Quick & easy – no fuss – no mess – way to prepare cabbage juice:
- Chop up half of a purple cabbage
- Add to a coffee pot
- Fill with very hot water from sink or water cooler
- Let it sit for at least 20 minutes
- Pour into flasks, beakers, or plastic cups
- Add a pipette or spoon to containers
You can add more hot water during the day as you use it, refrigerate leftovers if using next day.
Here is the link to my Cabbage Juice Lab: https://middleschoolscience.com/2016/02/28/cabbage-juice-lab-ph-indicator/
Intro to Meiosis with a comparison to Mitosis
Amoeba Sisters Videos:
This is a fun and creative activity to tie all of the following concepts together into one lesson: DNA sequencing & transcription, mRNA translation, amino acid codons & proteins, genotype, phenotype, recessive & dominant alleles & traits.
Students will help solve a crime based on DNA evidence left on a lollipop at the crime scene. There are 3 versions of the same scenario that will identify 3 different criminals so you can use them for 3 classes – this avoids having the kids tell the next class who the suspect is ;). Each student will receive one of the 4 DNA samples – you can have students work individually, or have a group of students work on suspect 1, another on suspect 2, etc. (Sorry – I do not have an answer key to post)
Directions: Worksheets: DNA-RNA-Crime-Snorks-2018 & Amino Acid Codon Wheel, & additional resource: 20 Amino Acids
- Step 1 – students will transcribe the DNA sequences into mRNA sequences
- Step 2 – using the Amino Acid codon wheel, they will determine the amino acid for each codon
- Step 3 – using the chart, they will find protein using the sequence of amino acids
- Step 4 – using the proteins, they will determine the phenotype
- Step 5 – using the phenotypes, they will determine the genotype(s)
- Step 6 – is their suspect the criminal?
- Step 7 – they will draw a mug shot of their suspect using the phenotypes they decoded
This lesson was modified from the one found on Biology Corner: https://www.biologycorner.com/worksheets/DNA_snorks.html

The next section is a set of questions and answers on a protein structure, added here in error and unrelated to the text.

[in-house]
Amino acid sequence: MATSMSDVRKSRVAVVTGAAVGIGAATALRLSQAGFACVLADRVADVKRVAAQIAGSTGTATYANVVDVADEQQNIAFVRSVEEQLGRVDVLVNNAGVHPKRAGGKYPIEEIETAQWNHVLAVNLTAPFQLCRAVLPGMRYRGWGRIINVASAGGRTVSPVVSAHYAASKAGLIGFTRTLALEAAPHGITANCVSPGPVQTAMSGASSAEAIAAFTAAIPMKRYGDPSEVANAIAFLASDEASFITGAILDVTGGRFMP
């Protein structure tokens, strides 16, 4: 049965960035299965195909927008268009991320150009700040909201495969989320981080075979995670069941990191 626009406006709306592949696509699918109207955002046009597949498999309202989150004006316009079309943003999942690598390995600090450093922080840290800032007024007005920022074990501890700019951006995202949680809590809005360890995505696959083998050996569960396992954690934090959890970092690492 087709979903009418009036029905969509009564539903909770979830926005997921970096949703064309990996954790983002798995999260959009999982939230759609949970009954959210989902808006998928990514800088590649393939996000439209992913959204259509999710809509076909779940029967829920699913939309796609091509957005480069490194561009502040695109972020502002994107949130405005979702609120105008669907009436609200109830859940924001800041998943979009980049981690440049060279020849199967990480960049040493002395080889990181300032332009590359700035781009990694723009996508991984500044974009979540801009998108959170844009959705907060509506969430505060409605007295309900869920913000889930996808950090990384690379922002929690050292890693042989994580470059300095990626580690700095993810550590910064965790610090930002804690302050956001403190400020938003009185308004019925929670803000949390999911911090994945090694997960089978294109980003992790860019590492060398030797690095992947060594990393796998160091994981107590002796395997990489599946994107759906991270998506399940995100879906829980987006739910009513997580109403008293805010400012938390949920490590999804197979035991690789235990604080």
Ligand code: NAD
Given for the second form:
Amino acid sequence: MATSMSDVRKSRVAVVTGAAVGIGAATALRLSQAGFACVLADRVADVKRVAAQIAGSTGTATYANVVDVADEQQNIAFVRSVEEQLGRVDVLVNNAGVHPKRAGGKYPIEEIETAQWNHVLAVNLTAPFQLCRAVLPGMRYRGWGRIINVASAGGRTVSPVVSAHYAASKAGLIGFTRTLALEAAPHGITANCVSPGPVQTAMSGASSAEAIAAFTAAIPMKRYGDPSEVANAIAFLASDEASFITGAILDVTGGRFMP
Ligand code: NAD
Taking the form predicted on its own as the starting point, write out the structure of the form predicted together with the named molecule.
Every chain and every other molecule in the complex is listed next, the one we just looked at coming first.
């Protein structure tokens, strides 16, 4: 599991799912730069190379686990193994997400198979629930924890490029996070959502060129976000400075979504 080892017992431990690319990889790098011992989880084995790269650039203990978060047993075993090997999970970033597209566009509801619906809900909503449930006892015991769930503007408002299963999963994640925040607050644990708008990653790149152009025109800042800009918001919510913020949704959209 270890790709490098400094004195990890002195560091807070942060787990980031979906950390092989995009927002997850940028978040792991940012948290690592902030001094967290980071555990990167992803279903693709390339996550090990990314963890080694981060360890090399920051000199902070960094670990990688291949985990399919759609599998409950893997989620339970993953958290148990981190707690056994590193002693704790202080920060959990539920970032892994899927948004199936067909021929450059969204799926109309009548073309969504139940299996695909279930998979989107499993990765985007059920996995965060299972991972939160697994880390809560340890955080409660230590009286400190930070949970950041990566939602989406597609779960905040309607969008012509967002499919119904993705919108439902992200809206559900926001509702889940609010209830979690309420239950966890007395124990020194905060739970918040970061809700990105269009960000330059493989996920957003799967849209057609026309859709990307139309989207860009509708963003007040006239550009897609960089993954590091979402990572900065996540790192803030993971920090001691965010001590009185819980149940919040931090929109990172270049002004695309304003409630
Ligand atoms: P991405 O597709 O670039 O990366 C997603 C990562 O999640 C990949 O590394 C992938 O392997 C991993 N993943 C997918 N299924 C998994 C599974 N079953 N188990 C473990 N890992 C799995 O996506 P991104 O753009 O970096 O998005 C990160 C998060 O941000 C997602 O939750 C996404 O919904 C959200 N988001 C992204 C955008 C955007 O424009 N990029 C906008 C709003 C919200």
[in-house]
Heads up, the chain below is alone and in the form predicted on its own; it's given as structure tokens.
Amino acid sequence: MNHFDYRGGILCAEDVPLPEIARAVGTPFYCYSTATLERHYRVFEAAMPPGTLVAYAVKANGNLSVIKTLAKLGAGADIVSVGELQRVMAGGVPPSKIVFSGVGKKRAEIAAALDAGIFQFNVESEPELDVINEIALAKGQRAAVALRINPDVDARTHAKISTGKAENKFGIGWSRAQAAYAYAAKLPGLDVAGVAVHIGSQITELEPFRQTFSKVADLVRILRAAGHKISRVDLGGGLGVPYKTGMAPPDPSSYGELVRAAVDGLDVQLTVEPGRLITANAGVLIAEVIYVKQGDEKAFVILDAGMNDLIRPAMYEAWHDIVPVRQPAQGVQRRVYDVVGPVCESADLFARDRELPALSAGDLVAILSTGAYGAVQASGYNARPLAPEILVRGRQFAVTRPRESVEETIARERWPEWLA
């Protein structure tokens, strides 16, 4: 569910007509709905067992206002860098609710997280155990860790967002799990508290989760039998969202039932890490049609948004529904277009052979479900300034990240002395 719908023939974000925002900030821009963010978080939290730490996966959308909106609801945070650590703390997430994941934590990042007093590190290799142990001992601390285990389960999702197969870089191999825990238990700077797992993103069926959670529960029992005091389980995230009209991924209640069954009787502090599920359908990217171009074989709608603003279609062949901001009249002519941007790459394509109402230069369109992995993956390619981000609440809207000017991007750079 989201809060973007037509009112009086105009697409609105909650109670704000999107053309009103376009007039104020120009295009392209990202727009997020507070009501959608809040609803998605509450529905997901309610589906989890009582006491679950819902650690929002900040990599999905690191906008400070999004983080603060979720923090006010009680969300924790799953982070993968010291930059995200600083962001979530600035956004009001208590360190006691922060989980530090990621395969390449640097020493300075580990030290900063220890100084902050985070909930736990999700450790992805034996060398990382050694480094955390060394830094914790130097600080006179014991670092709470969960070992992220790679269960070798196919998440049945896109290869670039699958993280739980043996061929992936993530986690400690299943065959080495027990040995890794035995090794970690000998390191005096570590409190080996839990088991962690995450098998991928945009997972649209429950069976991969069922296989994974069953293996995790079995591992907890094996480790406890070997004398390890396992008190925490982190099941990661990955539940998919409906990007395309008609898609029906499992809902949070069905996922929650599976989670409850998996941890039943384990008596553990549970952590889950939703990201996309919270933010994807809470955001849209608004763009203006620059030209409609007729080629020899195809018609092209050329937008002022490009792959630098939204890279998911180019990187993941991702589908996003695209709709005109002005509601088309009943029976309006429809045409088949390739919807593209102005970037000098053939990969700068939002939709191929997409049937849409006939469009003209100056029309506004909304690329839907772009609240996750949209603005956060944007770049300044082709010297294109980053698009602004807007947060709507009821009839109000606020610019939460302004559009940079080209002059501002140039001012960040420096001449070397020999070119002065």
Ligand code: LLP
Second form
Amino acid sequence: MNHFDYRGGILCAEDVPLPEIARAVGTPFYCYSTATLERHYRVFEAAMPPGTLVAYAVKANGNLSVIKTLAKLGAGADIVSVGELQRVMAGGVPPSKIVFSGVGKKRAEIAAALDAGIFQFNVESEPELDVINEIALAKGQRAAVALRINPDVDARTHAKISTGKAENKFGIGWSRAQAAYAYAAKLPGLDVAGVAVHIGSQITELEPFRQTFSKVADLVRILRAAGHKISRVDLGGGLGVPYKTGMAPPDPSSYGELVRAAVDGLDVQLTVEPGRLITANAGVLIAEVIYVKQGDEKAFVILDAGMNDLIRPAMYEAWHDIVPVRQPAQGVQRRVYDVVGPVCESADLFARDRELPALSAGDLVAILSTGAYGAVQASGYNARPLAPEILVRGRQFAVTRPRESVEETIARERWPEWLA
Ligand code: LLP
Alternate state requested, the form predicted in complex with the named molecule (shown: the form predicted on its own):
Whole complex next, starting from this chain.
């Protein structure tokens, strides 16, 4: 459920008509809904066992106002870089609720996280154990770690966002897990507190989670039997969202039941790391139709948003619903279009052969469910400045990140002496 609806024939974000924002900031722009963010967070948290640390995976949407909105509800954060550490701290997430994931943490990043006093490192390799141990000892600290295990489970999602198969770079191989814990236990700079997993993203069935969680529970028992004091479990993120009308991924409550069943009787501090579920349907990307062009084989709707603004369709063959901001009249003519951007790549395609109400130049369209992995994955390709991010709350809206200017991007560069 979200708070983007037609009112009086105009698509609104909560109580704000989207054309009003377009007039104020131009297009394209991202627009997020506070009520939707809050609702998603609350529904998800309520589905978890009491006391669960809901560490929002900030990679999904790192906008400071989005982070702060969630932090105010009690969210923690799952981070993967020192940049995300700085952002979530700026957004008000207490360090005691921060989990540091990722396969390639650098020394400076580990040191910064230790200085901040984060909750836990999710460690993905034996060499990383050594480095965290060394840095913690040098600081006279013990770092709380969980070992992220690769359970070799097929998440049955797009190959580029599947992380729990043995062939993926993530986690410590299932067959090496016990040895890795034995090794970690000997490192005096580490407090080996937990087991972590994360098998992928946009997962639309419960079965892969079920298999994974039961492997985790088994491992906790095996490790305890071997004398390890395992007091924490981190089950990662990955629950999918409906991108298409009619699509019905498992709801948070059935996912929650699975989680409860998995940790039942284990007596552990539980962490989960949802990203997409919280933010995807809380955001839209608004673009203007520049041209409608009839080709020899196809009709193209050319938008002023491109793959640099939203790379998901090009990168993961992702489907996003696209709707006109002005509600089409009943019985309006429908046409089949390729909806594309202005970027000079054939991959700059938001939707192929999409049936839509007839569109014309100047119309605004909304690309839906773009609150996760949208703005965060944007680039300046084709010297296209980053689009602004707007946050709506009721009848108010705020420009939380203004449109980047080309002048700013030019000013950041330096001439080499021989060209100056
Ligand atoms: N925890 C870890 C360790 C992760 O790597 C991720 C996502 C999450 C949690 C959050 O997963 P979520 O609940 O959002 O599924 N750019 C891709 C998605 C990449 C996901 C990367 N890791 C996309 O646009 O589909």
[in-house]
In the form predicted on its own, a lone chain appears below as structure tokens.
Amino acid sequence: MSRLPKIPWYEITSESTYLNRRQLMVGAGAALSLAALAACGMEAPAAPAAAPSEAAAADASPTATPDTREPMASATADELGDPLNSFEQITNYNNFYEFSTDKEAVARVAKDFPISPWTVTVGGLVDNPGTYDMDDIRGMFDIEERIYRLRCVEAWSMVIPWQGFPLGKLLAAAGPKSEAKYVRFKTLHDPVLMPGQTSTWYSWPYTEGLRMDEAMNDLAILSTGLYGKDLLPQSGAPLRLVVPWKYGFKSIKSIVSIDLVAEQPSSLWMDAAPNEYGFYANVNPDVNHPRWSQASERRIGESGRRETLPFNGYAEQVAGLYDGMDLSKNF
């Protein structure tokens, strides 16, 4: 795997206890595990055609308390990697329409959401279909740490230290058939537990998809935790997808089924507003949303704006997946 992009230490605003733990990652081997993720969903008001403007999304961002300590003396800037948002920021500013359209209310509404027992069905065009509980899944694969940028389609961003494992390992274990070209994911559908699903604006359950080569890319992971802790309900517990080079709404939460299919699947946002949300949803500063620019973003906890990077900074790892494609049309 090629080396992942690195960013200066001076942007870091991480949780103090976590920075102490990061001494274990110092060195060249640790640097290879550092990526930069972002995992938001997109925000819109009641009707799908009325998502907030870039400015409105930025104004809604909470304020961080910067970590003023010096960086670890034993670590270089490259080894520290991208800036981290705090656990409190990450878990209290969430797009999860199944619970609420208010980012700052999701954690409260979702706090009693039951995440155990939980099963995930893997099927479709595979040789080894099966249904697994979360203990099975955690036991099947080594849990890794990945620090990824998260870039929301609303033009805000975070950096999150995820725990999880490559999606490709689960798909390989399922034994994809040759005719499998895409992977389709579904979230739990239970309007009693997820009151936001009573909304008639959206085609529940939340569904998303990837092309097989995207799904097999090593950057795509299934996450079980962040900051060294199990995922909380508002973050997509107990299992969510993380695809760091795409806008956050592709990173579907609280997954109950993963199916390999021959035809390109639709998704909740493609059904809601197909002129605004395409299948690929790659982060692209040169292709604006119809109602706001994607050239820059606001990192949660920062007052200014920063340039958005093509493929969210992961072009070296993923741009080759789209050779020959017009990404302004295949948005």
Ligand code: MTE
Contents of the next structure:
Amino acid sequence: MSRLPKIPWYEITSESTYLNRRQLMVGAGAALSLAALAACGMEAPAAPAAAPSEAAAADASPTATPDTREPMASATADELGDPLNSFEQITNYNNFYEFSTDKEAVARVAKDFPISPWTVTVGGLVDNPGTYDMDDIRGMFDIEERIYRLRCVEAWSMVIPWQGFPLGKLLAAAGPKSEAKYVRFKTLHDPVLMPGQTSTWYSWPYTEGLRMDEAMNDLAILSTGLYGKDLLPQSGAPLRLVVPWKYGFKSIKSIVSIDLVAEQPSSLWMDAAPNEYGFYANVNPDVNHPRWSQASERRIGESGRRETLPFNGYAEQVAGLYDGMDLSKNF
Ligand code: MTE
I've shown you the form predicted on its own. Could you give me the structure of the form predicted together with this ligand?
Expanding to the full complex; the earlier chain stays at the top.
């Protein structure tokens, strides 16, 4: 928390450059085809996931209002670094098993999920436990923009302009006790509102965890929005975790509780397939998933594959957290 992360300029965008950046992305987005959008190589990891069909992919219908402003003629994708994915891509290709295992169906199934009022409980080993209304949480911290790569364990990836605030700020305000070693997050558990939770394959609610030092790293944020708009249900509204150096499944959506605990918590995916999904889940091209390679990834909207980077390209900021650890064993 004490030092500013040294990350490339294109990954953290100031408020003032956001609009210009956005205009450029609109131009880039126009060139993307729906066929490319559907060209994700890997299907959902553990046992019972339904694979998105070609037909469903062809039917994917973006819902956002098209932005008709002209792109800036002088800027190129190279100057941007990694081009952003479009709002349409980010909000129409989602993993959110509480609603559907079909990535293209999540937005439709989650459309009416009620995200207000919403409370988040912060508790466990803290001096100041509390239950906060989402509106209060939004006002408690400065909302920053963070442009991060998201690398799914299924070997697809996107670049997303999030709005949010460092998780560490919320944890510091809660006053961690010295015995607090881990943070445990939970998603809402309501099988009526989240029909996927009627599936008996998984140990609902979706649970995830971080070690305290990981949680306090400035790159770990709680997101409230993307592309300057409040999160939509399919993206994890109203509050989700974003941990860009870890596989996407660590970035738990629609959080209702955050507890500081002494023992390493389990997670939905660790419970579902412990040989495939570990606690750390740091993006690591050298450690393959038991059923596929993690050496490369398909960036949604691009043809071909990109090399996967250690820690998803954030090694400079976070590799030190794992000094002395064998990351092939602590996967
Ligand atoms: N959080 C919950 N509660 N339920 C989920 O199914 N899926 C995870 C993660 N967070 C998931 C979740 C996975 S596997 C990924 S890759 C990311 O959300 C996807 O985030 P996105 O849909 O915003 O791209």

- Students will practice their measurement skills using a graduated cylinder to determine volume and a triple beam balance to determine mass.
- Students will determine the density of water by completing 10 trails and finding an average.
I use this lab to tie their measuring skills together and introduce the concept of density. We then do further explorations of density and practice using the formula.
This lab is a modified version of the lab posted at Middle School Chemistry – for further details about the lesson, please click on this link.
- Introduce how to read a graduated cylinder using the meniscus.
- Review how to determine the increments for each graduated cylinder.
Materials and Set Up – this was so easy and inexpensive to do and had the same effect as using dialysis tubing. Great demo/lab as part of our unit on osmosis and diffusion!
For every two students:
- handout from Biology Corner
- large beaker
- inexpensive sandwich bag – non sealing (I used Wegmans 150 ct)
- 1 tbsp corn starch
- 50 mL water
- rubber band
- clothes pin
- graduated cylinder
- 100 mL Iodine dilution
- 20 ml Iodine added to 500 mL of water
- measure out 100 mL of diluted iodine for each group
- Place one bag over each beaker
- Add 1 tbsp of cornstarch to each bag
- Add 50 mL of water to each bag
- Check for leaks
- Use a rubber band on each one to keep closed
- Clip bag to beaker
- Students will add iodine and make observations – changes will take place within a few minutes and the longer it sits, the darker it will become.
- Iodine is able to pass through the plastic bag, the starch is not
- Have students lift the bag out to see the changes that are taking place
Update – I let the set up sit over the weekend, and when I came in today, the water was almost completely clear – looks like just about all of the iodine moved into the bag:
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